Criminal Law, Civil Rights And Police Use Of Force Experts On Release Of Tyre Nichols Video
Criminal Law, Civil Rights And Police Use Of Force Experts On Release Of Tyre Nichols Video And The Charges That Might Come Out Of It
Five fired Memphis police officers were charged Thursday with murder and other crimes in the killing of Tyre Nichols, a Black motorist who died three days after a confrontation with the officers during a traffic stop.
Shelby County District Attorney Steve Mulroy told a news conference that although the officers each played different roles in the killing, “they are all responsible.”
The officers, who are all Black, each face charges of second-degree murder, aggravated assault, aggravated kidnapping, official misconduct and official oppression. Video of the Jan. 7 traffic stop will be released to the public sometime Friday evening, Mulroy said. Nichols’ family and their lawyers said the footage shows officers savagely beating the 29-year-old FedEx worker for three minutes in an assault that the legal team likened to the infamous 1991 police beating of Los Angeles motorist Rodney King. Today, we discuss the legal charges and the use of tactical force with Jody Armour, professor of law at the University of Southern California, Olu Orange, director of the USC Agents of Change Civil Rights Initiative, and Tim Williams Jr., retired senior detective supervisor for the LAPD and Police Procedure and use of force and wrongful conviction expert
With files from the Associated Press
What's Cooking With The Gas Stove Debate
Discourse around gas and induction stoves sparked once again following comments made by Consumer Product Safety commissioner Richard Trumka, where he floated the idea of regulating the sale of new gas stoves. Despite scaling back his comments, many did begin to wonder what the future for gas stoves are in many working class household. Recent research in the journal Environmental Science and Technology found that gas stoves in California are leaking cancer-causing benzene. This follows another study that found U.S. gas stoves are contributing to global warming by putting 2.6 million tons of methane in the air each year even when turned off. How serious are these concerns for working people that are more likely to own a gas over an induction stove?
Today on AirTalk, we're joined by LA Times cooking columnist Ben Mims, Harvard assistant professor of pediatrics Aaron Bernstein, and Nyesha Arrington, chef & star of the reality cooking show Next Level Chef.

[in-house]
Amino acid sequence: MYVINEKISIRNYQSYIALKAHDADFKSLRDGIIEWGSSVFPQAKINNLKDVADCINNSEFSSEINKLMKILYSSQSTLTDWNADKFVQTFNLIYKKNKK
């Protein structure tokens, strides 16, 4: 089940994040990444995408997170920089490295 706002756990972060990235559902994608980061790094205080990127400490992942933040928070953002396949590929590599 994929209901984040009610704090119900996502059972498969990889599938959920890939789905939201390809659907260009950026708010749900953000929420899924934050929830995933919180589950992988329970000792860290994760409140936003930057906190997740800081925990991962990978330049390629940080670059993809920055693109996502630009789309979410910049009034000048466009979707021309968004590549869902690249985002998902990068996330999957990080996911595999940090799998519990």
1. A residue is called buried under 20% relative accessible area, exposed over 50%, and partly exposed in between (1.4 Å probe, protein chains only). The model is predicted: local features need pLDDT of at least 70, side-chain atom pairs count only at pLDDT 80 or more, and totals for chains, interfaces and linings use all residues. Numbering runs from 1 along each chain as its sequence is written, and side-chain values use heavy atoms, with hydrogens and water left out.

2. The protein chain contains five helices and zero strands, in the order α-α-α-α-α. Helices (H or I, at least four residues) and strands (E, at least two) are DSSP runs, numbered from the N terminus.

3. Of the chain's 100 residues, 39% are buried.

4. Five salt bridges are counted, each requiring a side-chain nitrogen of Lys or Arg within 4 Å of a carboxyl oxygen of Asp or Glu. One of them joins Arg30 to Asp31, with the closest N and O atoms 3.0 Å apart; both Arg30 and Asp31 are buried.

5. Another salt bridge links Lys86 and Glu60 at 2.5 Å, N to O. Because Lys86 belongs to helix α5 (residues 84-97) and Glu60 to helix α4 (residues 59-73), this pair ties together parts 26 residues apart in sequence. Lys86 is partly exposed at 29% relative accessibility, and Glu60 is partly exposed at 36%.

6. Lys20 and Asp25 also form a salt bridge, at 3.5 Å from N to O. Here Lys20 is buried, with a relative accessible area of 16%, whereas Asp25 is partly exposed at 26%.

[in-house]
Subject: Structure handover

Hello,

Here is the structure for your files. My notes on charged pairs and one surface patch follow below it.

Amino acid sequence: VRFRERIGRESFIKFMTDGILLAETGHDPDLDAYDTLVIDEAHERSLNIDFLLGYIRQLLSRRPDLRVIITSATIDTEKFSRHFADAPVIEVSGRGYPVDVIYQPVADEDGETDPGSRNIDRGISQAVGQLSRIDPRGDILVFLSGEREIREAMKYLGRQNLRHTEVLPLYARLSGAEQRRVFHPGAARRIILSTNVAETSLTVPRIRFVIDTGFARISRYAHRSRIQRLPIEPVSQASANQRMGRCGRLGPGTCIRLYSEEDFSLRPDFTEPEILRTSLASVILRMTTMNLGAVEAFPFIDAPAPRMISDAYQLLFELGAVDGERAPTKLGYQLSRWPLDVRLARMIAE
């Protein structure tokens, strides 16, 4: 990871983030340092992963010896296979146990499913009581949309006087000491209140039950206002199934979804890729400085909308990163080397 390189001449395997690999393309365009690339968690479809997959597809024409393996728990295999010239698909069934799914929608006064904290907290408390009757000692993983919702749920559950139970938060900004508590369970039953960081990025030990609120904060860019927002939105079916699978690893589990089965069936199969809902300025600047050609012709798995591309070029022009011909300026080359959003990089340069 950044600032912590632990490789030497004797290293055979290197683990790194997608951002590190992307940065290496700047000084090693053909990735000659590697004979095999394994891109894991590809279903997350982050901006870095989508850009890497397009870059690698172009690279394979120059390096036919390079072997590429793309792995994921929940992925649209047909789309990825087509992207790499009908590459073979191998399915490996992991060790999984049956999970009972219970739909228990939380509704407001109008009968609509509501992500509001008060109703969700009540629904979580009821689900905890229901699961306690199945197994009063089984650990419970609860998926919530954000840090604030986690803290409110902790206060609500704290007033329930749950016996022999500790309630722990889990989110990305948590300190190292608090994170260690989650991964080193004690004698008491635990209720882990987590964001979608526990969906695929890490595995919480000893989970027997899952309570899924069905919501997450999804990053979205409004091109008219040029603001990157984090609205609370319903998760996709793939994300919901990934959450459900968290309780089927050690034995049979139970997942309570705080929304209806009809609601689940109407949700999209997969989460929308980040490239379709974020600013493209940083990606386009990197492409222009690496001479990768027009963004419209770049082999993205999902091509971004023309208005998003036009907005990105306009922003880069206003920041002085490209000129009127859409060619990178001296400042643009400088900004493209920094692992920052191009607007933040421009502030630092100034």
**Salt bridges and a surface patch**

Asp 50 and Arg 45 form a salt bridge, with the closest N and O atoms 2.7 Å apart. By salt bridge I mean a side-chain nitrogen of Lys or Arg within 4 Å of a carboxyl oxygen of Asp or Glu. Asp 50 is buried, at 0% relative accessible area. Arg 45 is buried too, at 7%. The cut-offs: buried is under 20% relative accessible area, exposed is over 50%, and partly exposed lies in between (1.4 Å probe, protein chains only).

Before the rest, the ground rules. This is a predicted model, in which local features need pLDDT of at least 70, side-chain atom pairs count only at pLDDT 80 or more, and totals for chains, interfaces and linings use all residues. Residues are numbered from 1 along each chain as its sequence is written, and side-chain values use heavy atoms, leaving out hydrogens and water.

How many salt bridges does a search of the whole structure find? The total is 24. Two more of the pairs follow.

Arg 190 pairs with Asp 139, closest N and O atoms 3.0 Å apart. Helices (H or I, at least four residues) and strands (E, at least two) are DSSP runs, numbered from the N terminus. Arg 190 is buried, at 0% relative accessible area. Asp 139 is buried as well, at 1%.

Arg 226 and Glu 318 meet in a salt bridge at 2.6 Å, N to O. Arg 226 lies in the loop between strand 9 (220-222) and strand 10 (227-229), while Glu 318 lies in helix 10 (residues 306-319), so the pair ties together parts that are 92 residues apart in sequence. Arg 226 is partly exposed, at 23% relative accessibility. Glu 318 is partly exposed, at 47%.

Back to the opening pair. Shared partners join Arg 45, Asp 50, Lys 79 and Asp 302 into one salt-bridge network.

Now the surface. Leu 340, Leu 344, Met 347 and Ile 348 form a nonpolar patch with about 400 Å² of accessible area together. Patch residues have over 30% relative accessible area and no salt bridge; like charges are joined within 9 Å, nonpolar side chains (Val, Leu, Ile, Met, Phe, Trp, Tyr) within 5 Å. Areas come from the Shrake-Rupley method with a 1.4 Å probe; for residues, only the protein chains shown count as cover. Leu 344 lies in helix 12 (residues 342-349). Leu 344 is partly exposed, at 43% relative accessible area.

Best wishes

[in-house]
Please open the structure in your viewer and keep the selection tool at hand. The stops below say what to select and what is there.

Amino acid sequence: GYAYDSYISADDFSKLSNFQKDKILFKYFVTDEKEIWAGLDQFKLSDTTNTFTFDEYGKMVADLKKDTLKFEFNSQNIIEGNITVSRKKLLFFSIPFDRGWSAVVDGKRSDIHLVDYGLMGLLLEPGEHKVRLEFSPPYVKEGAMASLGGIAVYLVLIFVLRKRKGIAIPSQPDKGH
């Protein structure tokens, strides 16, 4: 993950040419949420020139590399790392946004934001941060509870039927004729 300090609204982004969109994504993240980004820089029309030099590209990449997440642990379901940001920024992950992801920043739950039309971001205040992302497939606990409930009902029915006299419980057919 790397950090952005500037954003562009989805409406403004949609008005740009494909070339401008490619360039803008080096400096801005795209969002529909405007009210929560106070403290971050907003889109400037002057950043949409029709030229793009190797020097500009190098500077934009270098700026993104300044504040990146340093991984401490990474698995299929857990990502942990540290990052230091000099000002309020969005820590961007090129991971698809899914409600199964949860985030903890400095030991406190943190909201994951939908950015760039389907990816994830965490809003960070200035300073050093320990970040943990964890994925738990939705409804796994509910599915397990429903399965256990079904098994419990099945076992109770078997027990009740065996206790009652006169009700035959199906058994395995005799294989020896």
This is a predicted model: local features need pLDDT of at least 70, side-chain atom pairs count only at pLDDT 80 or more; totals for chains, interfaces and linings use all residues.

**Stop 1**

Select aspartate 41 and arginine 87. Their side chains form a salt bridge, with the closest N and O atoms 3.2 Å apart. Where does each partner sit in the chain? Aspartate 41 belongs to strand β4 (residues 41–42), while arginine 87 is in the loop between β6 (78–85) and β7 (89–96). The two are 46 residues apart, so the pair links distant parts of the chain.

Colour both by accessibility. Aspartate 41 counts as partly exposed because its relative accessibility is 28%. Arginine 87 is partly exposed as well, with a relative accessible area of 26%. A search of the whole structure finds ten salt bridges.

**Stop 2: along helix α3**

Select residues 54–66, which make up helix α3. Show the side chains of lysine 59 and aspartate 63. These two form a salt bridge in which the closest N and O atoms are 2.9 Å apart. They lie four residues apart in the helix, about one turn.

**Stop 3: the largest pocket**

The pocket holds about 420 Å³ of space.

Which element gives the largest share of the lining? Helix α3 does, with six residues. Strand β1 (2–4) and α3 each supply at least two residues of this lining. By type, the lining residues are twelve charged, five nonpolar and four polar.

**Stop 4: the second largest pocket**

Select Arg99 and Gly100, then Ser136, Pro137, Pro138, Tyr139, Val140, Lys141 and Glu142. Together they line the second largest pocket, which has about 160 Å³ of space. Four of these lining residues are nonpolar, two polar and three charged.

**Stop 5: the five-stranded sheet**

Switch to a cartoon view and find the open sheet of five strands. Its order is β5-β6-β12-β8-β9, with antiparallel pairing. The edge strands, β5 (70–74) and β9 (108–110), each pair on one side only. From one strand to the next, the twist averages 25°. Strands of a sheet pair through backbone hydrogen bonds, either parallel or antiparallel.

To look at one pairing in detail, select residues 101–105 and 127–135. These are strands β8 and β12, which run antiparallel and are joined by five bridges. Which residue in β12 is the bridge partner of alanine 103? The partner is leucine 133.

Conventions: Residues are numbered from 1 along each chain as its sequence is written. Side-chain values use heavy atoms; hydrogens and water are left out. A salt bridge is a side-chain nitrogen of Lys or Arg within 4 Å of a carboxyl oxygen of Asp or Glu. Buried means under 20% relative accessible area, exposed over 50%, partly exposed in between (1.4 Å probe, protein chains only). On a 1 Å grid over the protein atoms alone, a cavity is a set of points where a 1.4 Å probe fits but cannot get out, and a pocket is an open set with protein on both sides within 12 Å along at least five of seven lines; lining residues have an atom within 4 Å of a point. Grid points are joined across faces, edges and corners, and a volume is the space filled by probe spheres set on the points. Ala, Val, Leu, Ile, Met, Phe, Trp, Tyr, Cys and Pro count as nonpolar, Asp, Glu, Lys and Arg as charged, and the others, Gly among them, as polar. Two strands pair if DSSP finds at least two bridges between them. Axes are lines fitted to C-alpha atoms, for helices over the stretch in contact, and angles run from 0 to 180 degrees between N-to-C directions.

The Conflicts That Come With Intergenerational Mental Health In Immigrant Communities And How To Move Forward
Many Asian Americans are questioning the state of mental health in their community after the shootings in Monterey Park and Half Moon Bay. Before navigating domestic life in the United States, AAPI immigrants often navigated difficult lives in their motherlands. According to experts, swallowing in the bitterness - a Chinese expression used to show suppressing feelings rather than acknowledging them - becomes a value. But the appearance of stoicism belies the reality. The defense mechanism is an indicator of the lack of coping and communication skills, experts say. It leads to pent-up resentment, anger, and frustration that boils right below the surface. All this can lead to conflicts between generations, particularly in immigrant communities. So how do you move forward, especially after a tragedy like this? Joining to discuss is Hsing-Fang Chang, a Pasadena-based psychologist who focuses on cross-cultural and intergenerational counseling and specializes in depression, anxiety, life coaching and more.
With files from LAist. Read the full story here
Do Students Still Learn To Write In Cursive? Should They?
You likely remember the horizontal lines on the chalkboard in your 2nd grade classroom that held up the cursive script your teacher so carefully chalked above it. You probably remember watching that teacher dip below the lines for certain letters when it was appropriate to do so, and how letters were contiguous, magically linking together in ways you’d never seen before. Or at least in ways you’d never been taught. Cursive is still alive in classrooms across the U.S. In fact, there have been bills passed in recent years mandating the instruction of cursive in classrooms. But it doesn’t hold the place it once did. We are no longer in the golden age of cursive. But that doesn’t mean we don’t remember it well. Joining us to talk about cursive is Tamara Plakins Thornton, professor of history at the University of Buffalo and author of the book “Handwriting in America: A Cultural History”